10 Solar Gifts That Keep Giving
In many ways, the holiday season celebrates the light. The Winter Solstice marks the lengthening of the light as the season passes from autumn into winter. Christmastime reminds us of the guiding light of the Star of Bethlehem. And Hanukkah celebrates the miraculous “renewable energy” of the oil lamps in the Jerusalem Temple that failed to run dry. What better way to celebrate the holiday season than by tapping into the renewable energy of the sun, and sharing solar gifts with everybody on your list?
Solar toys --
Find fun toys that will also help the young ones on your holiday list learn about renewable energy. Helios Solar Toys sells solar-powered model racecars ($10+),
Dulaney-Solar.com sells solar-powered transforming robots
and vehicles ($20-$35), and FatBrainToys.com sells a range of solar-educational items: solar hopping frogs, solar jumping grasshoppers, and solar walking crabs (around $18). If you give non-solar toys or other gifts that require batteries you can always lower that gift’s impact by pairing it with a set of solar-rechargeable batteries (greenbatteries.com).
2. Solar spark lighter --
Does someone on your gift list love to go camping? They’ll never
have to throw away another disposable lighter or fire-starter after they unwrap their new solar spark lighter. Sundance Solar (store.sundancesolar.com) sells a foldable parabolic mirror that directs sunlight to a single focal point. It’s great for starting grills and bonfires, and at $12 it’s a great lower-cost gift for hikers and backpackers; plus, it’s made in the USA.
Solar bike lights --
For the dedicated bicyclist in your life, visit your local bike shop
for solar-powered front and back bike lights that can run from $10 to $30. Looking for something a little more cutting edge?
Check out the new pedal-powered bike light from EcoXGear.
More expensive at $100, the EcoXGear system (ecoxgear.com/
ecoxpower/) powers your front and back light, and simultaneously can charge a handheld electronic device, such as your GPS.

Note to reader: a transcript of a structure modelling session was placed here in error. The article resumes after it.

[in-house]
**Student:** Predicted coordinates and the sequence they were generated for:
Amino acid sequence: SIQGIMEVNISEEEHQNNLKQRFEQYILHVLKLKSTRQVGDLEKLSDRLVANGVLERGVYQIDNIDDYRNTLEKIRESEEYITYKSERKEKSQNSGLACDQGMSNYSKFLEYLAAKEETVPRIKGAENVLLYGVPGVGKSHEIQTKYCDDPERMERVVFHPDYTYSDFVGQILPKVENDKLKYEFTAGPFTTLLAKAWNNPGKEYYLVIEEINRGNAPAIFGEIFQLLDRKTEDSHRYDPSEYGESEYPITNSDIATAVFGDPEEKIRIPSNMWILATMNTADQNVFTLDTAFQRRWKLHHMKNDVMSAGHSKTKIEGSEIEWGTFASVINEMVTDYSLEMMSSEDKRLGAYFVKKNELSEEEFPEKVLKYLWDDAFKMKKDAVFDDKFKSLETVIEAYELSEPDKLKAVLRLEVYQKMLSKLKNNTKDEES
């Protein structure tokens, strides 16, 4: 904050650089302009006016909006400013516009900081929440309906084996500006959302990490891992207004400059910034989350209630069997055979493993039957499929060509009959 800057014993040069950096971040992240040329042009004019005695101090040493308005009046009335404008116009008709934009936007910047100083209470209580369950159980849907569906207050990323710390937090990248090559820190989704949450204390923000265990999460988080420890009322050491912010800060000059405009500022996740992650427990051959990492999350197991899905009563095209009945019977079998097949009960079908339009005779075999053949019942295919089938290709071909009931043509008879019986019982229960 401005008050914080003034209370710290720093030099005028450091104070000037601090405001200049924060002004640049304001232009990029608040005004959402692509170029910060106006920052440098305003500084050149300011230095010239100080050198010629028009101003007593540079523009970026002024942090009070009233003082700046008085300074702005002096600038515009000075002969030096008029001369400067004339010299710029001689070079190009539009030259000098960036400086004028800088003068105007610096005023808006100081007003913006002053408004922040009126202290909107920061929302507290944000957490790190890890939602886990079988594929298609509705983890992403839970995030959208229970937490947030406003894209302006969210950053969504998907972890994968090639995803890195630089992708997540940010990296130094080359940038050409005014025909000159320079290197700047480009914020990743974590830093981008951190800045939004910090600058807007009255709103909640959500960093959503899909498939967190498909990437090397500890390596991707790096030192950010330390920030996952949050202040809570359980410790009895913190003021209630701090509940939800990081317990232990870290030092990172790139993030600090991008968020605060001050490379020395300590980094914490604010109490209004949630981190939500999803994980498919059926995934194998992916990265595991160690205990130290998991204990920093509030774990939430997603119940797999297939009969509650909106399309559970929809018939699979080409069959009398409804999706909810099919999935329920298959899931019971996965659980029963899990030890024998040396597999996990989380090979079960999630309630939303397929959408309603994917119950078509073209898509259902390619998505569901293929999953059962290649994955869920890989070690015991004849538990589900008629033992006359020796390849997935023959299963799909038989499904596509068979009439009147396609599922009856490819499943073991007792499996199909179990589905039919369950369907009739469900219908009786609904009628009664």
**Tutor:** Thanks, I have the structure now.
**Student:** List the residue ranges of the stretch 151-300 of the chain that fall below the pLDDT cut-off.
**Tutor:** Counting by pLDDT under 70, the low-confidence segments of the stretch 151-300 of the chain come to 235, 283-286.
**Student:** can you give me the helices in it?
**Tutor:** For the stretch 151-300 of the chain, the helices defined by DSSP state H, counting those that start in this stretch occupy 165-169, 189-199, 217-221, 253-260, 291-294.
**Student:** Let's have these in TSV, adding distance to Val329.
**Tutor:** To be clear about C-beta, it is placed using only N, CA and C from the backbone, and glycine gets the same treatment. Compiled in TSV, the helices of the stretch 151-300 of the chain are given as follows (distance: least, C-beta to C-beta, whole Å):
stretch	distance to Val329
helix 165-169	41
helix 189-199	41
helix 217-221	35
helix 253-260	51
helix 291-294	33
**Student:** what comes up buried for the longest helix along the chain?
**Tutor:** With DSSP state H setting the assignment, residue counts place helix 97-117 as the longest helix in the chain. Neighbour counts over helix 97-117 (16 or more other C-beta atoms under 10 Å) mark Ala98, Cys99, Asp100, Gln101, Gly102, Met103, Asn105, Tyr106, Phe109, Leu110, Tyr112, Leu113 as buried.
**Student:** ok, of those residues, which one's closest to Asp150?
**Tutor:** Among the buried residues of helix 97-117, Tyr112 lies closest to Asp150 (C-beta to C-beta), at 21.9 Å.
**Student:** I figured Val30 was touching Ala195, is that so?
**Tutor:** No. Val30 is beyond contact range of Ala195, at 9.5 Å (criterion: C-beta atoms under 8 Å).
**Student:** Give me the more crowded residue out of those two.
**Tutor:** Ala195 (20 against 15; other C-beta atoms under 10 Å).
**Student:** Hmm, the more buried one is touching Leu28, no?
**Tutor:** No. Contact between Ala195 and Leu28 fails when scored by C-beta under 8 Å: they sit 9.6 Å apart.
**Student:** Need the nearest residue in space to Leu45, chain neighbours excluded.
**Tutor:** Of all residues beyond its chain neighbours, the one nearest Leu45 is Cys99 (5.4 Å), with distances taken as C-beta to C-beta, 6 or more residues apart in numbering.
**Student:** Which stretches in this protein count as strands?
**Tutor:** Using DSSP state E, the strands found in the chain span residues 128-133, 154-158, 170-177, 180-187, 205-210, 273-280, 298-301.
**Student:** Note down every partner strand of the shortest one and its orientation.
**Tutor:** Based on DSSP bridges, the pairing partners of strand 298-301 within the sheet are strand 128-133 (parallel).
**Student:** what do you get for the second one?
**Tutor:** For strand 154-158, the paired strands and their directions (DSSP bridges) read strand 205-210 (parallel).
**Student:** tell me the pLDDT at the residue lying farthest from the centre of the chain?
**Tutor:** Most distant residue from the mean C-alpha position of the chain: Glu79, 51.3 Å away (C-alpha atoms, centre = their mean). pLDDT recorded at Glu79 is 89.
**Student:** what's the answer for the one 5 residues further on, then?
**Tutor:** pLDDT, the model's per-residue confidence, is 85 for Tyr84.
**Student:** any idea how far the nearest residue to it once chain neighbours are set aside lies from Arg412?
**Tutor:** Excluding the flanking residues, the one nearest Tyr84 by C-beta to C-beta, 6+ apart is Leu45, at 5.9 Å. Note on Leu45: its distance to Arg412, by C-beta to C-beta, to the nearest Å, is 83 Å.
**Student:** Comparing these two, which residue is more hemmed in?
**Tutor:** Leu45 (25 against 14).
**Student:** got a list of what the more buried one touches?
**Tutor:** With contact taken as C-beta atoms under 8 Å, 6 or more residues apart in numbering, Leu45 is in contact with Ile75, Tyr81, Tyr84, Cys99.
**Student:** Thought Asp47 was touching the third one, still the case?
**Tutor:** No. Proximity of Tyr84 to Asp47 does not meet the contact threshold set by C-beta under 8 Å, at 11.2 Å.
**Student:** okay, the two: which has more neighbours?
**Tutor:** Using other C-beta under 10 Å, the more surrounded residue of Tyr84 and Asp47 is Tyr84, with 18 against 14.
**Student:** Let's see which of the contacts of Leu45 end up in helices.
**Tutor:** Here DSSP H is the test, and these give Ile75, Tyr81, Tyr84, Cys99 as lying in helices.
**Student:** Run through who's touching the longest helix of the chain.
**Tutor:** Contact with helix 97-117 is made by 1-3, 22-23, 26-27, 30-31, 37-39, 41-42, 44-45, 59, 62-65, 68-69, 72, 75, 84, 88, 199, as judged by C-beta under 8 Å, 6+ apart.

Solar flashlights and lanterns --
When fully charged, HybridLight.com’s solar flashlights and lanterns can provide up to eight hours of bright light before needing to take a new charge. Flashlights range from $25 to $60; lanterns range from $35 to $40.
Solar bags --
Help your loved ones keep their gadgets charged while on the go by using the power of the sun. The solar-charger company Eclipse Solar manufactures its “juice bags” in the USA, and offers several different styles, such as camera bag, messenger bag, and backpack. Each bag features a flexible solar panel which can power smartphones, digital cameras, MP3 players, and more on free sunlight, without moving parts, heat, or sound. Bags start at around $175.
Solar iPad case --
Wireless NRG has created the KudoCase (kudocase.com), a solar-powered iPad case (in black, gray, red, green, blue, or pink) made from biodegradable corn-based plastic. The panel on the front cover can generate electricity from both indoor and outdoor light sources, and charges a battery that can juice your iPad for about 20 hours longer than the iPad can run on its battery alone. The KudoCase (for iPad original, 2, and 3) costs $200. You can also find solar chargers for your gadgets, like the solar iPhone charger from solargoose.com.
Solar-powered music system --
The Eton Corporation (etoncorp.com) has been making solar-powered and crank-powered radios for 25 years, including a line of emergency radio products for the American Red Cross. Eton is now producing MP3- and Bluetooth-compatible sound systems, powered on the sun, under brand names like Rukus and Soulra. Use the sun to play music from your iPod or iPhone, or stream music through your Bluetooth.
Solar oven -- A made-in-the-USA solar oven can make your picnic waste-free,
fossil-fuel-free, and impact-free. Ranging from $95 for
an economical fully solar “hot pot” cooker to a large-capacity $600 solar-electric hybrid cooker (also made in the USA), a Reflections solar oven (solarovens.net) cooks food at about the same rate as a conventional oven, on a sunny day.
Go solar at home --
Consider making this the year that your family pools its gift
money to give each other the gift of going solar. A solar hot water heater can cost as little as $500. Full solar photovoltaic systems can be offset by state and federal tax incentives (available at dsireusa.org), and all solar systems will eventually pay for themselves in lower electric bills.
Residents of Arizona, California, Colorado, Delaware, DC, Massachusetts, New Jersey, and New York can get $500 off a solar home system from Sungevity by visiting sungevity.org/green-america. The company will also donate $500 to Green America.
And after purchasing a solar system through Real Goods Solar—which does business in California, Colorado,
Connecticut, Delaware, Massachusetts, New Hampshire,
New Jersey, New York, Pennsylvania, Rhode Island, and Vermont—you’ll get a $500 Real Goods Solar gift card, and
Green America gets a $1,500 donation. Visit
Give others the gift of solar energy --
Among the many gift ideas available at Alternative Gifts
International (altgifts.org), you can purchase a share of a solar heating panel for a Native American family in South Dakota. Lakota Solar Enterprises produces these innovative solar heating systems that save tribal families 20-30 percent
Find more green, solar, and energy-efficient holiday gifts from the companies in our Green Business Network™ at greenpages.org.